So it seems the weaning is happening... not fully weaned yet. When does weaning become weaned? When he stops having it, or when he stops asking for it, or when he can go do sleep more easily without it? I'm not sure, it probably doesn't matter. What matters is we're working as a family team to create a transition that feels comfortable, loving, open, honest (me needing to say no), no guilt and all instinct.

Ellie Beck Petalplum boy in the grass afternoon lightEllie Beck Petalplum Grasses in afternoon lightEllie Beck Petalplum - from baby to boy - the process of weaning

slow & simple Christmas traditions : hand stitched Christmas stockings

Motherhood, Craft Tutorials, Slow & Sustainable LivingEllie BeckComment
Ellie Beck Petalplum web size Christmas traditions tutorialIMG_9333.JPG

Part of my slow & simple seasonal Christmas was to make some new traditions. Or more like - redefine and place more ritual around them. Something like that. With my little one now big enough to understand all the Christmas magic, the big kids have been talking to him about a lot of how it all works. And we're bringing it into our everyday for these weeks leading up to Christmas. I decided to do away with the pillowcases and make some hand stitched stockings for the kids - hopefully next year we'll be able to find them to keep the traditions going!

I must admit I did take a little longer to come around to the Christmas magic this year, but then with a few twinkle lights in our life, and going out together to collect a tree (really it's a fallen branch, with no leaves filled with our special decorations). The kids made treats to gift their friends - which I much prefer than just buying a packet of candy canes, I must admit. It makes me happy seeing them in the kitchen baking for other people, and then packaging it all up and writing notes to everyone.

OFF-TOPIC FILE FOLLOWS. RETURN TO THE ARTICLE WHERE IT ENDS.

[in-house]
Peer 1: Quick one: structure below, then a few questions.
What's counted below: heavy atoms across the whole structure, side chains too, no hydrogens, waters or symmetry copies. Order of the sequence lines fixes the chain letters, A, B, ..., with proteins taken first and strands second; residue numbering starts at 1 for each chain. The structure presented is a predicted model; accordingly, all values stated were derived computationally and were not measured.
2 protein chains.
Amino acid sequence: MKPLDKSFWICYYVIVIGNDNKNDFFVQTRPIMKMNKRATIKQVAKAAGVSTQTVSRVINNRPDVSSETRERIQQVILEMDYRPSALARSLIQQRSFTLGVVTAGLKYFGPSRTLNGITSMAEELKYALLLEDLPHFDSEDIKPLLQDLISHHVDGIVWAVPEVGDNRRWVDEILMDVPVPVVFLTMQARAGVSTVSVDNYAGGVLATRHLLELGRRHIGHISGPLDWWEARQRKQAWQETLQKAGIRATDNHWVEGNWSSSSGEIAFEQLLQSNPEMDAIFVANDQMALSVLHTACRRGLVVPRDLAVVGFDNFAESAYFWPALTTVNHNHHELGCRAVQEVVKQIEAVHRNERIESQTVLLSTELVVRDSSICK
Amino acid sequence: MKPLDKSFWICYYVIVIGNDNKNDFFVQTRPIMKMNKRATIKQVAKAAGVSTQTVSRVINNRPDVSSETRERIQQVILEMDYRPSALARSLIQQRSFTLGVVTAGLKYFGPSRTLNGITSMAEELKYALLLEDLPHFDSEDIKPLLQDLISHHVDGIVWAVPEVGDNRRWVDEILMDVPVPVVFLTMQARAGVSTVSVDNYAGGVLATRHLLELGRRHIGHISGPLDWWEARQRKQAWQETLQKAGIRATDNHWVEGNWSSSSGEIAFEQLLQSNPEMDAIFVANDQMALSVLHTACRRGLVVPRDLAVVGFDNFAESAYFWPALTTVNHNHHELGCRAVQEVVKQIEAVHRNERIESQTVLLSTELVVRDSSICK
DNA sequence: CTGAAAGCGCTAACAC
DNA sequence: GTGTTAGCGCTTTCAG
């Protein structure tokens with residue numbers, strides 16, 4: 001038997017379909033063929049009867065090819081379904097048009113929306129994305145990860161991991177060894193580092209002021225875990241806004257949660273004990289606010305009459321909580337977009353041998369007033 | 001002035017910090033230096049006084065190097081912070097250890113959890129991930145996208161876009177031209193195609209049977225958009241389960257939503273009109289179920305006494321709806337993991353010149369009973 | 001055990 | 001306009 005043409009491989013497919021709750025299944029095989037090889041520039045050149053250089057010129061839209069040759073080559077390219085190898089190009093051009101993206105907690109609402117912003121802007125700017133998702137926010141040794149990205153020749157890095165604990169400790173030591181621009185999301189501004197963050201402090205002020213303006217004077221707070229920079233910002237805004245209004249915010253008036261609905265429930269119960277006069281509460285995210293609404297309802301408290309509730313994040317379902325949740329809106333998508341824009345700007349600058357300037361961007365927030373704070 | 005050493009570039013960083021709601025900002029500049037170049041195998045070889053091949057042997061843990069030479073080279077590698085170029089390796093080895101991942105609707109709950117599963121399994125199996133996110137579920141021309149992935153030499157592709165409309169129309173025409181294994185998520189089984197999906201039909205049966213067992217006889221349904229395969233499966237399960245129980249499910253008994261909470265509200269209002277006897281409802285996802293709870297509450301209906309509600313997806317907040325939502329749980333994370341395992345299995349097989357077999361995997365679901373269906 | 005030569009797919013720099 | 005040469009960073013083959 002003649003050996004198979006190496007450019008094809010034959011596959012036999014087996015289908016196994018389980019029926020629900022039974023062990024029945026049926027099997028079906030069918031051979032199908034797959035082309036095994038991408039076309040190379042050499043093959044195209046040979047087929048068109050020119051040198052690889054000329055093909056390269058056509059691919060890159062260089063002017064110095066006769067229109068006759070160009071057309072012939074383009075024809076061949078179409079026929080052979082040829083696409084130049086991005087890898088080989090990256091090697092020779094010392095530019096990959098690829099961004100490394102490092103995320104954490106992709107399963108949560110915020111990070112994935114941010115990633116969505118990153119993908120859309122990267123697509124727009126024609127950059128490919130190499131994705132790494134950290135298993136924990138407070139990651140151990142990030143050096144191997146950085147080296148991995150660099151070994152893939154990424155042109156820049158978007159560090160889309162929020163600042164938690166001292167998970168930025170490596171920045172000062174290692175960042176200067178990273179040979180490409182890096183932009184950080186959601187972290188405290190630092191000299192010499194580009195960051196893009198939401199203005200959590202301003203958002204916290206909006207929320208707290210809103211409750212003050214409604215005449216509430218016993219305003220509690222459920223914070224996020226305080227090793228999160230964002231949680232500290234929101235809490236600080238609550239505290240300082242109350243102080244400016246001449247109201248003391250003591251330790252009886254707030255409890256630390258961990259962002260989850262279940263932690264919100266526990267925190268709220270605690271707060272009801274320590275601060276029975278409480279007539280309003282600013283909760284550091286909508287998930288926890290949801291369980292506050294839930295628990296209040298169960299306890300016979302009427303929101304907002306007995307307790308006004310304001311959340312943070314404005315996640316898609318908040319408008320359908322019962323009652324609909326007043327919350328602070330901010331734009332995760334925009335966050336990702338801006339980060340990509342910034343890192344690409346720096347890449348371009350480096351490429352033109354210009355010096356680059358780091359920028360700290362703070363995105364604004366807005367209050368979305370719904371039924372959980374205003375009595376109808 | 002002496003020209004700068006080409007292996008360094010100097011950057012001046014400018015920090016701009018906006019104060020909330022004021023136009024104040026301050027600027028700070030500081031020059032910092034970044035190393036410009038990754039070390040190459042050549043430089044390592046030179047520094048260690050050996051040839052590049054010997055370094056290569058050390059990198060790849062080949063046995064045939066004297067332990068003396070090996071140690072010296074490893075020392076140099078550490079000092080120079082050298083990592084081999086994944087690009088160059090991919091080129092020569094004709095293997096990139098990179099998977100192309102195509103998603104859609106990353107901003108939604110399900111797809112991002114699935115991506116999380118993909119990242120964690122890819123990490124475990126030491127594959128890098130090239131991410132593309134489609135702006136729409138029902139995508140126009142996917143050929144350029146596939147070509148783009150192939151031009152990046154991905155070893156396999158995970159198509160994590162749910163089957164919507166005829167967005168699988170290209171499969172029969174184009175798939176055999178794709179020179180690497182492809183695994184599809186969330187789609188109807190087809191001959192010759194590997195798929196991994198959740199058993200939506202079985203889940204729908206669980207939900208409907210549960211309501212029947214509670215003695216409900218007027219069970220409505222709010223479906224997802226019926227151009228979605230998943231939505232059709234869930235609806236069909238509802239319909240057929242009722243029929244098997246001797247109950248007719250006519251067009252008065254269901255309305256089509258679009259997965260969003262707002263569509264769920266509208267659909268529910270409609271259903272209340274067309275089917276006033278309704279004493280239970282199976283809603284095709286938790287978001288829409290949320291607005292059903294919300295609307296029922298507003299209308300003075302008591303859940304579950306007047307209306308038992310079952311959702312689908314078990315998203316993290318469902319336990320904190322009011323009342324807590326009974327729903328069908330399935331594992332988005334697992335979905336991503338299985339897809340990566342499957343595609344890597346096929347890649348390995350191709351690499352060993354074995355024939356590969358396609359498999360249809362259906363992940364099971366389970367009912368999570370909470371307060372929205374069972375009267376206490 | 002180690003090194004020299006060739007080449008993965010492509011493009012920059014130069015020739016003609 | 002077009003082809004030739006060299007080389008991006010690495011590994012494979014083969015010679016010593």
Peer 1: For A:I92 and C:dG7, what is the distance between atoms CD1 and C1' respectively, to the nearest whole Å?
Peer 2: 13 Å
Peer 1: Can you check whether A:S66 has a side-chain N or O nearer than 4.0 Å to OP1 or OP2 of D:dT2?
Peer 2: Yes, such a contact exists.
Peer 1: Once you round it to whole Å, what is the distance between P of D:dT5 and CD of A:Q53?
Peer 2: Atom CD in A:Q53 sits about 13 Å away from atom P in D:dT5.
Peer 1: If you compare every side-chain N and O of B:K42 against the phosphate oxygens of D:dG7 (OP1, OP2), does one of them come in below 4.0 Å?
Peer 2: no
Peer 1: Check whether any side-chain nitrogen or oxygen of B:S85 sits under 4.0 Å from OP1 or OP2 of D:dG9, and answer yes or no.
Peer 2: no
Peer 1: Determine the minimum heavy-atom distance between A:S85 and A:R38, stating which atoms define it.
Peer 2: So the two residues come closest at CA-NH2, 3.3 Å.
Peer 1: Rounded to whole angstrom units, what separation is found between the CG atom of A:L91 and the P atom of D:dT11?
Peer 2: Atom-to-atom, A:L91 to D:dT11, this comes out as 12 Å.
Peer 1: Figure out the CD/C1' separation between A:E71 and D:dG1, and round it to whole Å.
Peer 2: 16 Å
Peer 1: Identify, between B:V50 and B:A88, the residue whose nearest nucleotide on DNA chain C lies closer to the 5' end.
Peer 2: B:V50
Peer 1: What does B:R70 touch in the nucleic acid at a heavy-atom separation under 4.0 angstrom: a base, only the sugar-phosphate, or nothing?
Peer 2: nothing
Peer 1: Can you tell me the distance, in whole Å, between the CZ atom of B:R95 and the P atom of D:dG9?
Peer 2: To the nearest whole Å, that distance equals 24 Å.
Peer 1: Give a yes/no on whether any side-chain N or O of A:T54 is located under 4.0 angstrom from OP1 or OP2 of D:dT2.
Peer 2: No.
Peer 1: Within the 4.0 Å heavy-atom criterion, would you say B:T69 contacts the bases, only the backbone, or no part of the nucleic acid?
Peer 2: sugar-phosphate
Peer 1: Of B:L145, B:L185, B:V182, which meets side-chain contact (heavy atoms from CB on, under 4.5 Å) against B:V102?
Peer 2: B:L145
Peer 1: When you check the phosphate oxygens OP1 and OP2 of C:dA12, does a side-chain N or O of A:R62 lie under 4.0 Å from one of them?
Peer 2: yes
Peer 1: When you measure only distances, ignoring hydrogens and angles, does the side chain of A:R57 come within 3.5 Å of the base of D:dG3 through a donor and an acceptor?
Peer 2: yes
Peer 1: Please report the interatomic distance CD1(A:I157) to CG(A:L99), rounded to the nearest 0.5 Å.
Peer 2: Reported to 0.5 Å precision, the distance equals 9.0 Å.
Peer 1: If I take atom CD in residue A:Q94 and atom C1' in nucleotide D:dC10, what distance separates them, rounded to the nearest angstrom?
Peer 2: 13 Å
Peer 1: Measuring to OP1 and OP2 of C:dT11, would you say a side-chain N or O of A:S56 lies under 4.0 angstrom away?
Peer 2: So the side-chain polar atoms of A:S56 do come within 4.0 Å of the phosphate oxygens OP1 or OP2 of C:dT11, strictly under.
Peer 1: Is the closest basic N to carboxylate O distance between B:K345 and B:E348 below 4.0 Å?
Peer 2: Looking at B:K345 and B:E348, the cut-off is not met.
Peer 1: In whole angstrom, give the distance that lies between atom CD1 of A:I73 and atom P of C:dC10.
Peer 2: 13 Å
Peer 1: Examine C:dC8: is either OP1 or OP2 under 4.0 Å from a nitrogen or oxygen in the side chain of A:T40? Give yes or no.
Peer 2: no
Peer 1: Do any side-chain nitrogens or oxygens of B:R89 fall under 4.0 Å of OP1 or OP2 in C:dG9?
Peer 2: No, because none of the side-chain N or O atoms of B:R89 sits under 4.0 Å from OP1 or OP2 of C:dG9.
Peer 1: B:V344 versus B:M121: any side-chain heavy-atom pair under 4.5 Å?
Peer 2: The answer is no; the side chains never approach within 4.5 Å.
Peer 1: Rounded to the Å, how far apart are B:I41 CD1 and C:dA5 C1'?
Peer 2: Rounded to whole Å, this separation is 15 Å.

Ellie Beck Petalplum web size Christmas traditions tutorialIMG_9023.JPG

So, this week I pulled out some felt fabric scraps and some strands of embroidery thread, and sat down to stitch the stockings for my three babies. I thought it would take a whole lot longer, but I kept it simple and these only took a few hours - with many get-up to see what Little One wants to read, eat, play, do, show me….. My girl is on holidays already, so she sat beside me and stitched her own; which made me immensely happy. Because really Christmas isn't about stockings, or things, it's about the creating of those things, the time spent together, talking while you're making, thinking about the joy of reaching your hand inside on Christmas morning. Hanging them up along a beach-found branch. And nibbling on chocolates while you're doing it. That's why I love using felt. These are actually made with some organic cotton quilt batting I had little scraps of. It's soft like lambs wool, but perfectly easy to sew and won't fray. Felt, old blankets, anything like that is great for kids to do their own stitching with, because you don't need to worry about the edges fraying, so you can simply sew the sides together. And is it's a little bit wonky, and some stitches go astray it doesn't matter. One day in 3, or 5 or 10 years you'll look at those stitches with the biggest smile and a pang in your heart.

Ellie Beck Petalplum web size Christmas traditions tutorialIMG_9332.JPG

Make your own HandStitched Christmas Stockings:

You'll need: 

  • Felt or an old blanket